Realizing the most value from data is a careful balancing act, with multiple competing priorities. If our broadband infrastructure is underdeveloped, it can hinder data flows and computing capacity. If our education system does not produce a workforce with sufficient STEM skills, we will lack the data scientists and analysts critical to the data revolution. And if the ethics of storing, using, and sharing data are not clearly defined and upheld, it could hurt public trust. These and other priorities must receive appropriate attention and commitment, or we will not enjoy the jobs, innovations, efficiencies, and better quality of life that data can yield.

The challenges faced are significant, but so is the potential. The data movement is unlike anything we have seen before. It connects all people, activities, and the goods and services we create. It transcends national borders and arbitrary barriers between people, cultures, and ideas. This new world, shaped by data, gives us a rare opportunity to explore and discover.

An historic parallel are the adventures of the first nautical explorers. As these early, ultimate risk-takers looked out from the shoreline, preparing to shove off into open waters, they had their sails at the ready to go somewhere, but where they would land and the direction they would take was often unknown. To be sure, the forces of nature certainly impacted those journeys, but it was human hands, firmly grasping the rudders of available technologies and innovations, that steered these pioneers to new shores of opportunity.

Today, we find ourselves on the verge of a similarly epic journey, its end point ever-uncertain. The direction we take will be decided by the forces of nature and commerce, as well as the debates and discussions we have about what the data-driven future should look like. The rudder by which we steer is held with imperfect hands, where error and discovery are just a few degrees apart. Yet, this is a journey we must take if we are to keep moving forward.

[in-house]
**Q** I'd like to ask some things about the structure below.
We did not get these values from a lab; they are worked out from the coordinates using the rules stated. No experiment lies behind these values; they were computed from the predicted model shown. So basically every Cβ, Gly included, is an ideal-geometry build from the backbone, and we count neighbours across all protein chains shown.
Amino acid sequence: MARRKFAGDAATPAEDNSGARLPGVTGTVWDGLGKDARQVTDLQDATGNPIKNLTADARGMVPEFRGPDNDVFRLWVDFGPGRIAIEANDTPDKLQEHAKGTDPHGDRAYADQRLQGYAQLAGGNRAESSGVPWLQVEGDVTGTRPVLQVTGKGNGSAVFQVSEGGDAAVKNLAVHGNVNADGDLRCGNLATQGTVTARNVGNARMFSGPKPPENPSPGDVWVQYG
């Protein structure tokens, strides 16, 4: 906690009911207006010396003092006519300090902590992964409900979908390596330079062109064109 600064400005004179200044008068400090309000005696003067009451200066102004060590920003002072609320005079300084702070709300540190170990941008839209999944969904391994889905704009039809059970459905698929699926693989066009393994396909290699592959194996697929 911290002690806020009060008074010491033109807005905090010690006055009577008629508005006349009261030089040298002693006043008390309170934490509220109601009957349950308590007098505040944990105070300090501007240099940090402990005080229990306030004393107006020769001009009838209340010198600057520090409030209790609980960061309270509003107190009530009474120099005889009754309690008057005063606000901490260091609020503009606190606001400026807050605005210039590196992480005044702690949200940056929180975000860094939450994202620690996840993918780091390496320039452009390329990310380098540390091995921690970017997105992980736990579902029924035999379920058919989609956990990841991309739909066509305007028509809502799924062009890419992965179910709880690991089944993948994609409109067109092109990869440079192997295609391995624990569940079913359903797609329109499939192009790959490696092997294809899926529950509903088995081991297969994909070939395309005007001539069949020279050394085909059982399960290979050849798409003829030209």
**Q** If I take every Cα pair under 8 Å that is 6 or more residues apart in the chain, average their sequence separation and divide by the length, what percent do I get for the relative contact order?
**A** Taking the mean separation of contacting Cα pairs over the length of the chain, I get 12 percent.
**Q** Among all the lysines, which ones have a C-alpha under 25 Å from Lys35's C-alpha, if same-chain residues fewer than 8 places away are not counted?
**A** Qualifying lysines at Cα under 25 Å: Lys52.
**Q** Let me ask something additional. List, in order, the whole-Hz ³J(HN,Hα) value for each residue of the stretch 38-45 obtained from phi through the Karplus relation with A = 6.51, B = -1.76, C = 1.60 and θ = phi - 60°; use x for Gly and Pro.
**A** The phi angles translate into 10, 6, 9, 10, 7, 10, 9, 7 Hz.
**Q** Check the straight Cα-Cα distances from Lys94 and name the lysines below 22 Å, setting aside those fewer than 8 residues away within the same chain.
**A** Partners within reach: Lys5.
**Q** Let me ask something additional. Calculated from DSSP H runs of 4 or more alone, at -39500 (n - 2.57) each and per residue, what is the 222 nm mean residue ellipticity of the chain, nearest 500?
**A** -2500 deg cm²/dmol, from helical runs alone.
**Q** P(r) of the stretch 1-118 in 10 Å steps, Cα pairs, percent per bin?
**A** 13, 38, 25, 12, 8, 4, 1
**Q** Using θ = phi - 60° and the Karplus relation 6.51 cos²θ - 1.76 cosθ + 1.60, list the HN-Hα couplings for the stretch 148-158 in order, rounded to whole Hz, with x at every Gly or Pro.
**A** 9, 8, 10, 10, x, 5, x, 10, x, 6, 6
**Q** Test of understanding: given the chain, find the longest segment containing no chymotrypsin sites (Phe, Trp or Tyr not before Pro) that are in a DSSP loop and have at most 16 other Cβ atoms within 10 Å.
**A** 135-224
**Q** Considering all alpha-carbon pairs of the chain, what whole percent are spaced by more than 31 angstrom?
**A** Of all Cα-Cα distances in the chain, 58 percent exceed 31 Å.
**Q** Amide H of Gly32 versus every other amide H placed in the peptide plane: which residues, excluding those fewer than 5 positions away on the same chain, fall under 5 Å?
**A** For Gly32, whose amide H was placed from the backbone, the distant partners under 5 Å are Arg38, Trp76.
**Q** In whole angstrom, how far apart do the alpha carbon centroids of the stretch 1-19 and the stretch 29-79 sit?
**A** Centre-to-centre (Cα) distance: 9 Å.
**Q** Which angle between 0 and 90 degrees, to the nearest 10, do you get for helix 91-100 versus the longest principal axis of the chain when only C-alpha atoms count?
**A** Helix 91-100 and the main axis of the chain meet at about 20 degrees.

The winds of innovation are blowing, our sails are raised, and there is an ocean of data and possibility before us. At the outset of any adventure, a measure of anxiety can be healthy and helpful, but this ship of opportunity is of our making and fully within our control. If there is one lesson we can take with us on this voyage, it is this: the power of data is not what it can do but what we can do with it.

Rich Cooper is vice president for emerging issues and research for the U.S. Chamber of Commerce Foundation where he is responsible for the exploration of issues that will impact the private sector over the next three to five years. He directs a team of scholars, researchers, and managers who present programming, publications, and events to better inform and best prepare business leaders for the future. He is a senior fellow with The George Washington University’s Homeland Security Policy Institute, the past chairman of the Homeland Security Division of the National Defense Industrial Association, and has previously held senior positions at the U.S. Department of Homeland Security, NASA, and in the private sector.

[i] "Decisive Action: How Businesses Make Decisions and How They Could Do it Better," The Economist Intelligence Unit, June 2014.

[ii] Thomas C. Redman, "Data's Credibility Problem," Harvard Business Review, Dec. 2013.


Vice President of Research and Emerging Issues